Letter to the editor. Diagnostic angiogram of a 66-year-old man presenting with stable angina revealed significant lesions in the left main coronary artery (LMCA) trifurcation and the left anterior descending artery (LAD) diagonal bifurcation (Figure 1 ). In the latter, after deployment of a 2.5 × 16.0 mm Promus element (Boston Scientific, Natick, Massachusetts) with mini-crush technique in the diagonal with initial kissing balloon inflation (KBI), a 3.0 × 18.0 mm ABSORB bioresorbable vascular scaffold (BVS) (Abbott Vascular, Santa Clara, California) was implanted in the proximal LAD without final KBI. In the LMCA trifurcation lesion, a 3.5 × 18 ...

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    10. Multiple Simultaneous Plaque Erosion in 3 Coronary Arteries

      Multiple Simultaneous Plaque Erosion in 3 Coronary Arteries

      We performed optical coherence tomography (OCT) imaging with matched histology in a 34-year-old man with history of smoking and untreated hyperlipidemia who had suffered from epigastric pain and was found dead at home. Multiple plaque erosions in 3 major coronary arteries were discovered (Figure 1 )

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    11. Integrated IVUS-OCT for Real-Time Imaging of Coronary Atherosclerosis

      Integrated IVUS-OCT for Real-Time Imaging of Coronary Atherosclerosis

      Accurate assessment of atherosclerotic plaque characteristics and the subsequent tailoring of optimal therapy holds great promise for preventing acute coronary syndromes (ACS) and life-threatening sequelae 1 . Combined use of optical coherence tomography (OCT) and intravascular ultrasound (IVUS) was proposed as a potential method for accurate assessment of plaque characteristics and vulnerability ( 2 , ). However, significant challenges remain in trying to adapt an integrated OCT-IVUS system for clinical applications. We report here a fully integrated intracoronary OCT-IVUS imaging technique to visualize atherosclerotic plaque in living animals and human coronary arteries from cadavers with high resolution and deep penetration capability simultaneously.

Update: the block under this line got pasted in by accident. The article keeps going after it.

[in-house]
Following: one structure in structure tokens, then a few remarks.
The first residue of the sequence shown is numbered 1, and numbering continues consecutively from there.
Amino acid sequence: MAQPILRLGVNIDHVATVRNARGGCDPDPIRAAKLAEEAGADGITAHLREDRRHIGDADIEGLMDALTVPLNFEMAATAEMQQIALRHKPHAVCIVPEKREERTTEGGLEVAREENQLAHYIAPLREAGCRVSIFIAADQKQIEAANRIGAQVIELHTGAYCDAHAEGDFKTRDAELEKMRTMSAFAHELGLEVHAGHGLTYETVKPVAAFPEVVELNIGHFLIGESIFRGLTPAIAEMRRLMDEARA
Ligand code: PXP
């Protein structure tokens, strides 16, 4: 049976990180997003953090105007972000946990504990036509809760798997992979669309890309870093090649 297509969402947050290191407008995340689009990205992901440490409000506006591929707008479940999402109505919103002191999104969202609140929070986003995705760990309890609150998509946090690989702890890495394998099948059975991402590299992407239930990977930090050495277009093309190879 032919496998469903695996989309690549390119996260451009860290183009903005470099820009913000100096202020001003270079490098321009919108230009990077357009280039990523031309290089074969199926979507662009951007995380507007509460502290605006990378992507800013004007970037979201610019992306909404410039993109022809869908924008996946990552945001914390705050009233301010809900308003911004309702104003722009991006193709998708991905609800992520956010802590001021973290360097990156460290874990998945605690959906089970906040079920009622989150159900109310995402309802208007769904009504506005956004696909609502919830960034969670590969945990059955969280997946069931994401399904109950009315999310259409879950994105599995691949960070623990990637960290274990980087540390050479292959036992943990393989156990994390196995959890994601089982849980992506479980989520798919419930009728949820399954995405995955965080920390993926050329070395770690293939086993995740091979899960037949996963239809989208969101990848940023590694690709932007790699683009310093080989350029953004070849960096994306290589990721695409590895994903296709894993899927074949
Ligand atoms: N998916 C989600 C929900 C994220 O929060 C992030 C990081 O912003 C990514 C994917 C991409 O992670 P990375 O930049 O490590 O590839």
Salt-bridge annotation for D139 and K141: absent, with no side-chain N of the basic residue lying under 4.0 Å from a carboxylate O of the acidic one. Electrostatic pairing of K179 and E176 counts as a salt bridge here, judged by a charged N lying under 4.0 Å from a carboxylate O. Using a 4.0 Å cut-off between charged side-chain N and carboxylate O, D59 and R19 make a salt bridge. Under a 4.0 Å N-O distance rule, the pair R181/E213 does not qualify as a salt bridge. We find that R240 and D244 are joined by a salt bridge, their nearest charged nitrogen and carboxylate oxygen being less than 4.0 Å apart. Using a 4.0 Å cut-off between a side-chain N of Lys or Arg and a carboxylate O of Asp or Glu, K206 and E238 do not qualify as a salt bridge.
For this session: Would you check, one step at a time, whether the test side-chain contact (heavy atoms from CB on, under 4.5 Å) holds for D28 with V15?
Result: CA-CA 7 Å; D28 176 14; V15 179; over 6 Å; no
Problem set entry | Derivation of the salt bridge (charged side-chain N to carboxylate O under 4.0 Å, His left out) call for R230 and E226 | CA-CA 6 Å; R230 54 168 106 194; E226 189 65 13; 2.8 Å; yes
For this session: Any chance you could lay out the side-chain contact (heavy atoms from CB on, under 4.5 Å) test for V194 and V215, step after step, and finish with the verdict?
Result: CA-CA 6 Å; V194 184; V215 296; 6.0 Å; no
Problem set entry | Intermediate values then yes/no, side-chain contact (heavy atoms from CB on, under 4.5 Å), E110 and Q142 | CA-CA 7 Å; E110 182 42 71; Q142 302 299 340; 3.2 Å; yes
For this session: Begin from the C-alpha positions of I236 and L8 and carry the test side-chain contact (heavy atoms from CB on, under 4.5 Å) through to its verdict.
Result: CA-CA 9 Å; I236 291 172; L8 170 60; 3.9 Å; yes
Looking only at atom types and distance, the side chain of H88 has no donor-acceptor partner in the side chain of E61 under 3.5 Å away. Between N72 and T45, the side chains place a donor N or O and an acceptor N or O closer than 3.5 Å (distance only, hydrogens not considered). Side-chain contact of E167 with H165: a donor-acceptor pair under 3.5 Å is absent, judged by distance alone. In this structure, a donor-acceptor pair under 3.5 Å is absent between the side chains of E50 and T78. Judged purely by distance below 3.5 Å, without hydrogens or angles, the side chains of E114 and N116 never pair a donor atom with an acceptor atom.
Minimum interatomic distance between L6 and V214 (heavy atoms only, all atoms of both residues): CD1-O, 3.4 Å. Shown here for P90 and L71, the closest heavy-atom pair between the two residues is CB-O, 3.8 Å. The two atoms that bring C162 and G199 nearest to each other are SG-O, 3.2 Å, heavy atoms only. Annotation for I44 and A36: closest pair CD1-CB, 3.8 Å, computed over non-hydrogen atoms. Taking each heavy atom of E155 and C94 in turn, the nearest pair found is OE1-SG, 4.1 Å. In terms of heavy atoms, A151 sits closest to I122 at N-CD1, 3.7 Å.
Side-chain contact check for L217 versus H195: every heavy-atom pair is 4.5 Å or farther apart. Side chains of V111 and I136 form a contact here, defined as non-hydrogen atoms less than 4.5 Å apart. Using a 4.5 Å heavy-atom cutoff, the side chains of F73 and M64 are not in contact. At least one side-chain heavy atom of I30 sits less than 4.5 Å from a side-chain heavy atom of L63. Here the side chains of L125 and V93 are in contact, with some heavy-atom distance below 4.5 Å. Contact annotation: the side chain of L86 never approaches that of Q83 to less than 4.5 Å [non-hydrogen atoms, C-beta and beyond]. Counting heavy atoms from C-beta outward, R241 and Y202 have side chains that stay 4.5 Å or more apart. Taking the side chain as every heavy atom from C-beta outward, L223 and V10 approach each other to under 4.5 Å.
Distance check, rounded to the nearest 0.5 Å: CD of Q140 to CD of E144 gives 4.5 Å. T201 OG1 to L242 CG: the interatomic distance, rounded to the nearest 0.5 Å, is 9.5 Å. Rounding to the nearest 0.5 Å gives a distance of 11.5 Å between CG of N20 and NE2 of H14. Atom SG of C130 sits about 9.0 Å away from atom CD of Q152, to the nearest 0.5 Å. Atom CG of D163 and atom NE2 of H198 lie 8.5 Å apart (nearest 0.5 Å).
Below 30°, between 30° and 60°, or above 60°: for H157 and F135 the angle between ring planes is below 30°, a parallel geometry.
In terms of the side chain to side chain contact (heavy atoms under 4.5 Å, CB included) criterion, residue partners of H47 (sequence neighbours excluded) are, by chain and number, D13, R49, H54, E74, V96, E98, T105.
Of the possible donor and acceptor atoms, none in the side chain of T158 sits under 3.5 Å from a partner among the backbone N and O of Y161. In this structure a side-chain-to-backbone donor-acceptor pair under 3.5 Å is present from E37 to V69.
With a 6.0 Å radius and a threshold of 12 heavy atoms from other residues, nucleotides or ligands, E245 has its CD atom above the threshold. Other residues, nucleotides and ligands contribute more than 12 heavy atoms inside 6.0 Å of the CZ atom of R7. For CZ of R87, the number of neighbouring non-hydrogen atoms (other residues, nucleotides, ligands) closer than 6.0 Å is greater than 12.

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    12. Carotid Artery OCT in Cerebral Infarction

      Carotid Artery OCT in Cerebral Infarction

      In a recent issue of iJACC , Prati et al. 1 suggested that plaque characterization by newer imaging modalities such as intracoronary optical coherence tomography (OCT) may help optimize management strategies in acute coronary events. Although OCT imaging has been extensively performed for the characterization of culprit plaques in acute coronary events ( 2 ), the intravascular imaging data defining plaque composition in the acute cerebral events is rather sparse 3 . We present anecdotal examples of internal carotid artery (ICA) OCT images of plaque morphology in the patients afflicted by acute cerebral infarction. An 83-year-old man presented with sudden hemiplegia while praying in ...

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      Mentions: St. Jude Medical
    13. OCT Versus IVUS: Accuracy Versus Clinical Utility

      OCT Versus IVUS: Accuracy Versus Clinical Utility

      The technology of optical coherence tomography (OCT) has evolved from time-domain to frequency-domain imaging. Time-domain OCT is most often performed using proximal balloon occlusion; as such, dimensions are smaller than measured using intravascular ultrasound (IVUS), presumably due to diminished perfusion pressure. Conversely, frequency-domain OCT does not require proximal balloon occlusion, theoretically resulting in more accurate measurements. With this background, Kubo et al. ( 1 ) in this issue of iJACC , conducted a multicenter study to compare pre-intervention quantitative analysis and post-intervention qualitative analysis among frequency-domain OCT, IVUS, and quantitative coronary angiography (QCA). The mean minimum lumen diameter measured by QCA was smaller ...